So at what point did you decide theater was the way you wanted your writing to go? My mother’s side of the family was always telling stories, impersonating people. My grandmother probably should have been an actress! And my dad’s family—they’re from Georgia, so there’s always a good story there. So I grew up in an environment where stories were always around. In high school I thought I was going to be a broadcast journalist. But it wasn’t until my senior year at Wright State University that I decided I wanted to act. I graduated and moved to New York briefly. I tried acting for about nine months, but I didn’t like the idea of being judged; I felt kind of powerless. I moved to the Bay Area and spent four years being a poet and elementary school teacher. Then a friend of mine challenged me to write a play.

I understand that your play Safe House was inspired by your family. How did that come about? Growing up, I didn’t know much about my grandmother’s family. When my grandmother was a widow, she was finally talking about things—about herself, and about her family. I was writing something for school about slavery, and she said casually, “Oh, we were never slaves.” I just figured she didn’t know what she was talking about. So when I got interested in genealogy I decided to start with her family first. [Through research] I found she knew what she was taking about! This is why no one ever talked about slavery on that side of the family! What was exciting to me was, in the 1850s, part of her family was living in Cynthiana, Kentucky—a family of shoemakers. I got really fascinated by the idea of this free family of color. What would it be like to explore this idea of what it means to be free when the majority of the black community are enslaved? That’s what Safe House came out of.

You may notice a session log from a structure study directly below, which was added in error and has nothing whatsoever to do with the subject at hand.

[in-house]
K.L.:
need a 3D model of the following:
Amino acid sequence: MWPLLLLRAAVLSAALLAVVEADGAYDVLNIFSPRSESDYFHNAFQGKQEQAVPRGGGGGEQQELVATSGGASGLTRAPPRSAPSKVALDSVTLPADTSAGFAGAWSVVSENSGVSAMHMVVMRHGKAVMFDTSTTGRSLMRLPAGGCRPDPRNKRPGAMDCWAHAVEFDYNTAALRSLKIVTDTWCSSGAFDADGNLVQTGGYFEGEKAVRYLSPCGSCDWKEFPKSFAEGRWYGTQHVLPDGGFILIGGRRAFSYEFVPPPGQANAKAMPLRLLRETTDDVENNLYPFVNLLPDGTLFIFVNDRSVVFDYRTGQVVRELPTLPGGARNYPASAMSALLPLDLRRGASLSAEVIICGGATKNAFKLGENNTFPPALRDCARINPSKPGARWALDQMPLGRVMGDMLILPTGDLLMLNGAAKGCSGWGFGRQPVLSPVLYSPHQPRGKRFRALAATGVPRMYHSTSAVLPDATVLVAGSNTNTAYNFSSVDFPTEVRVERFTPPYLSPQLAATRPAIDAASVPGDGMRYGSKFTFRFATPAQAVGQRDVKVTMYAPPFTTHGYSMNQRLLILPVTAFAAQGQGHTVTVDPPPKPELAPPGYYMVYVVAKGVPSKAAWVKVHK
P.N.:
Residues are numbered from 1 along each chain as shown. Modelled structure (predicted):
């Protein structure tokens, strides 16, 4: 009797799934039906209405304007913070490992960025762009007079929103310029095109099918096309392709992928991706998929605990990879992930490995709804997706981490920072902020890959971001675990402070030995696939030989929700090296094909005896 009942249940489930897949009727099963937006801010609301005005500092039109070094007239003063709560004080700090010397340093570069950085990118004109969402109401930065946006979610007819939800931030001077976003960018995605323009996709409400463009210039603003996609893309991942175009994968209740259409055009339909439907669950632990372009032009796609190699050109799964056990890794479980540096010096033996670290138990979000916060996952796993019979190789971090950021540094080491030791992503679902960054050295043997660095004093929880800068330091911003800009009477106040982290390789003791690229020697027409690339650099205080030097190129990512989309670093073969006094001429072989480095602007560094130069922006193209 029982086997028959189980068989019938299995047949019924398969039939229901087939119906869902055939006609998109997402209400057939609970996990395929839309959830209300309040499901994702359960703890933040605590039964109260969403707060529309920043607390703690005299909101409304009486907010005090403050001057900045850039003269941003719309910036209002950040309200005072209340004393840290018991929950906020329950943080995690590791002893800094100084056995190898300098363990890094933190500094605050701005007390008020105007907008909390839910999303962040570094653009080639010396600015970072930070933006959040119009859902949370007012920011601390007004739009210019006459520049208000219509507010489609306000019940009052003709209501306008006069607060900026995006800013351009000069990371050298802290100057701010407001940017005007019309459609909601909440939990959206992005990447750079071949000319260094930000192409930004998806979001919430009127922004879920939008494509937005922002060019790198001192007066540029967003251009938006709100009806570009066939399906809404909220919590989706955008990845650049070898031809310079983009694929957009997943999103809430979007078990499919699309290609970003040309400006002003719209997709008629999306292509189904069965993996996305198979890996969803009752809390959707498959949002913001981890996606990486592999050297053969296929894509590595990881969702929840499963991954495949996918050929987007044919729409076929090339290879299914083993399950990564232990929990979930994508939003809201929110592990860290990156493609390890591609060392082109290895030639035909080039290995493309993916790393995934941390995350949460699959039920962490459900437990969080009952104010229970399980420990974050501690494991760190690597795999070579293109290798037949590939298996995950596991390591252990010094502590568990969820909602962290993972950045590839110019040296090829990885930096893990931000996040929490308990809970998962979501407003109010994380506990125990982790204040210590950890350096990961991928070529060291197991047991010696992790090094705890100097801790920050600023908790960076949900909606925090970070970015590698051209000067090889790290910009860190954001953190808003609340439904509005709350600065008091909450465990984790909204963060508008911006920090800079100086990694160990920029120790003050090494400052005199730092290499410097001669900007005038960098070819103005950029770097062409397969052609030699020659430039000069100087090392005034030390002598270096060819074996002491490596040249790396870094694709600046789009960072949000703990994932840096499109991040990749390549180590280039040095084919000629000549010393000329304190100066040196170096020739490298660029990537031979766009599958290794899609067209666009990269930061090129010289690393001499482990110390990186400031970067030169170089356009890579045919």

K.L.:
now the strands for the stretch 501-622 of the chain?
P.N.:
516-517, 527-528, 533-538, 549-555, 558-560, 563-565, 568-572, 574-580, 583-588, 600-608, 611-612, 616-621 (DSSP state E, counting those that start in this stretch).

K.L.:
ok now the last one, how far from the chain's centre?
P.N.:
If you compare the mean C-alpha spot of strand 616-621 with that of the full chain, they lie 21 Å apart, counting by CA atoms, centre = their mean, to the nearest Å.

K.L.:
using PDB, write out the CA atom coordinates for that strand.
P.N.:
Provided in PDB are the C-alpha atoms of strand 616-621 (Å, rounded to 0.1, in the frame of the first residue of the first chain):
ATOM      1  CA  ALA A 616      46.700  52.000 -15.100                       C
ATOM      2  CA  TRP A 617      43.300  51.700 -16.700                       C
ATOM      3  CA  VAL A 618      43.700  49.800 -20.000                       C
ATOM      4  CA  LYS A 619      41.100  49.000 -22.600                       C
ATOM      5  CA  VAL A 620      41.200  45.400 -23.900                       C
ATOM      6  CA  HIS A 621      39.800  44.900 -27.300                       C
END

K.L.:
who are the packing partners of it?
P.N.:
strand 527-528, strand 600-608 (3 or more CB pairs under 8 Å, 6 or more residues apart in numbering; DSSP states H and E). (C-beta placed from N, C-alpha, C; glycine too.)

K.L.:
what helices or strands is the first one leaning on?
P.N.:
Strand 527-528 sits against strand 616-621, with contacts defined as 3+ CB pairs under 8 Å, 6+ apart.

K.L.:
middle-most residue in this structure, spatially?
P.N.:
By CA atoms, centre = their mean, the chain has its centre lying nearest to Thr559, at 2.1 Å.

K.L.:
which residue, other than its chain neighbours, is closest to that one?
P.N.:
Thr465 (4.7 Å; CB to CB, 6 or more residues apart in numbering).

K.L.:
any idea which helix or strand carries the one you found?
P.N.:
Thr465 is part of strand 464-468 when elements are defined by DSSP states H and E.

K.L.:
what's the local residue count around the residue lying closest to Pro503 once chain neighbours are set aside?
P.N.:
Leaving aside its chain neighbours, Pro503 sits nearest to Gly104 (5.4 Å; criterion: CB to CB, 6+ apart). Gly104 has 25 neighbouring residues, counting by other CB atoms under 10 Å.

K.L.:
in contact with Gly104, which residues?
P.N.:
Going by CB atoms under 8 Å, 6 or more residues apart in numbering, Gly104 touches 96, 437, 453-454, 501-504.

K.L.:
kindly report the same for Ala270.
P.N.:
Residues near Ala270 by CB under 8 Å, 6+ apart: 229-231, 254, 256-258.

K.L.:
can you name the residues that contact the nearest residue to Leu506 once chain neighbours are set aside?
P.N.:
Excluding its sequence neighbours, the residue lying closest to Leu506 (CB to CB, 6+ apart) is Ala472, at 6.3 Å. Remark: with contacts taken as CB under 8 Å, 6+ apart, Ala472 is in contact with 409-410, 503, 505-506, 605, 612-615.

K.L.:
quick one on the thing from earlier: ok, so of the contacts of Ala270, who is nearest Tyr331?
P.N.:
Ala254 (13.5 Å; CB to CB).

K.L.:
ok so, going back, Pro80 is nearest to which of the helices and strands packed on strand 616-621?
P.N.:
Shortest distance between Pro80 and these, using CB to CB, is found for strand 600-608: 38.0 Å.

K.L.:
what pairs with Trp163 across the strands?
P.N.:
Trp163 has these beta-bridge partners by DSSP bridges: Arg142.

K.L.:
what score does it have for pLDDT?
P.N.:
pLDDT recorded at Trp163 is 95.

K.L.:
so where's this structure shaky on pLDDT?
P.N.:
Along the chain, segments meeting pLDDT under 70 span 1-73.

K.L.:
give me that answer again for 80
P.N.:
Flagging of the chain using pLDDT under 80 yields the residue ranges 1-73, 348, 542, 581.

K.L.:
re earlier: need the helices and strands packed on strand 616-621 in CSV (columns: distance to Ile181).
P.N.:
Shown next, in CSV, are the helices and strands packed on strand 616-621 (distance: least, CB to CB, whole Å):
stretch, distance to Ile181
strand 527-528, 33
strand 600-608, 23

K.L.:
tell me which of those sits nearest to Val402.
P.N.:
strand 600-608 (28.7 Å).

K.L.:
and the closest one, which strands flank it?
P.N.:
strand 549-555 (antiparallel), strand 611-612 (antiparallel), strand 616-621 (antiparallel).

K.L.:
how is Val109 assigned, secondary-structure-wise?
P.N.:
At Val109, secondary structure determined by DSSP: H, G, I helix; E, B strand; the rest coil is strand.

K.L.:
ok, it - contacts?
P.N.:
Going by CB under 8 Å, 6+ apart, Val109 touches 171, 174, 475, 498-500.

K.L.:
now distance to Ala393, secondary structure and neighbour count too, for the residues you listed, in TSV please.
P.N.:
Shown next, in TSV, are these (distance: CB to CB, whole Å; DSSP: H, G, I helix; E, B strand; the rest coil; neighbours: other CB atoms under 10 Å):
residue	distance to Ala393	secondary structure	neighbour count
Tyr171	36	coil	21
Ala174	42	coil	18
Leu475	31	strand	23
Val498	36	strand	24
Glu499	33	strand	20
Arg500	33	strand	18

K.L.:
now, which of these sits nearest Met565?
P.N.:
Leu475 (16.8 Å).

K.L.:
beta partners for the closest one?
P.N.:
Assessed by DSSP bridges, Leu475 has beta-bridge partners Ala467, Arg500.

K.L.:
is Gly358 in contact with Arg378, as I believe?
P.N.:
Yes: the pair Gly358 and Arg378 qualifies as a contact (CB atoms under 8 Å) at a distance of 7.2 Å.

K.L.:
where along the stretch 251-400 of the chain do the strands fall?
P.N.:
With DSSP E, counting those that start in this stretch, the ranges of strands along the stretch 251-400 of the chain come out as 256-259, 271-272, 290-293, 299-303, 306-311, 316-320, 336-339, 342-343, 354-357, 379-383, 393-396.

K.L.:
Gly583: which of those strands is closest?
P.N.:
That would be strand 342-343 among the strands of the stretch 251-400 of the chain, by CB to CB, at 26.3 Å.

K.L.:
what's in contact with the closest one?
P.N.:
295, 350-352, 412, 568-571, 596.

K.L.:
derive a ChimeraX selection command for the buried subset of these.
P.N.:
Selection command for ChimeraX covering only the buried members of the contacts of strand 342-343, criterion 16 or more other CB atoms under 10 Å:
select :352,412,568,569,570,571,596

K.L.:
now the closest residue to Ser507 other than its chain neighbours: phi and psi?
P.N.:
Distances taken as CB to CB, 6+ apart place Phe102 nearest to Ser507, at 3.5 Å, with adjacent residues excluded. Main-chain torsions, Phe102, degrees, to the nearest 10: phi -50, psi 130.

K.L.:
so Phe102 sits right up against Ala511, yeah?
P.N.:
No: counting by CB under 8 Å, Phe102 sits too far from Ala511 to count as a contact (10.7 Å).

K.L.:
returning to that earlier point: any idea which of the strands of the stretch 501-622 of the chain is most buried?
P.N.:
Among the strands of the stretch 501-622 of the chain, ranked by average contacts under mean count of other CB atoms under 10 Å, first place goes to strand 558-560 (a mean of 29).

What are you working on now? I’m working on re-writes to Safe House, of course. But I’m also working on a new play that’s opening here in New York in early November called Pitbulls. It’s about a black Appalachian community—very rural—and their industry is pit bulls. They raise them, fight them, and sell them.

You live and work in New York, but you seem to have the ability to put your finger on the heart of what’s happening in communities where the rest of us live. Is that hard to do? What inspires me is place. Cincinnati had its ups and downs; it’s complicated like any other city. But I still love that region. Even though I may have judgments about the people or the politics there, I can sometimes remove my politics and just see people. That allows me to go back to Ohio and Northern Kentucky and black Appalachia to explore where I come from without always judging. With Pitbulls, when we lived in Woodlawn, one of our neighbors down the street had a pit bull farm and he fought dogs every Saturday. Those Saturdays were just horrifying. A part of me wanted to revisit that.

Safe House, Cincinnati Playhouse In The Park, Oct 18–Nov 15, cincyplay.com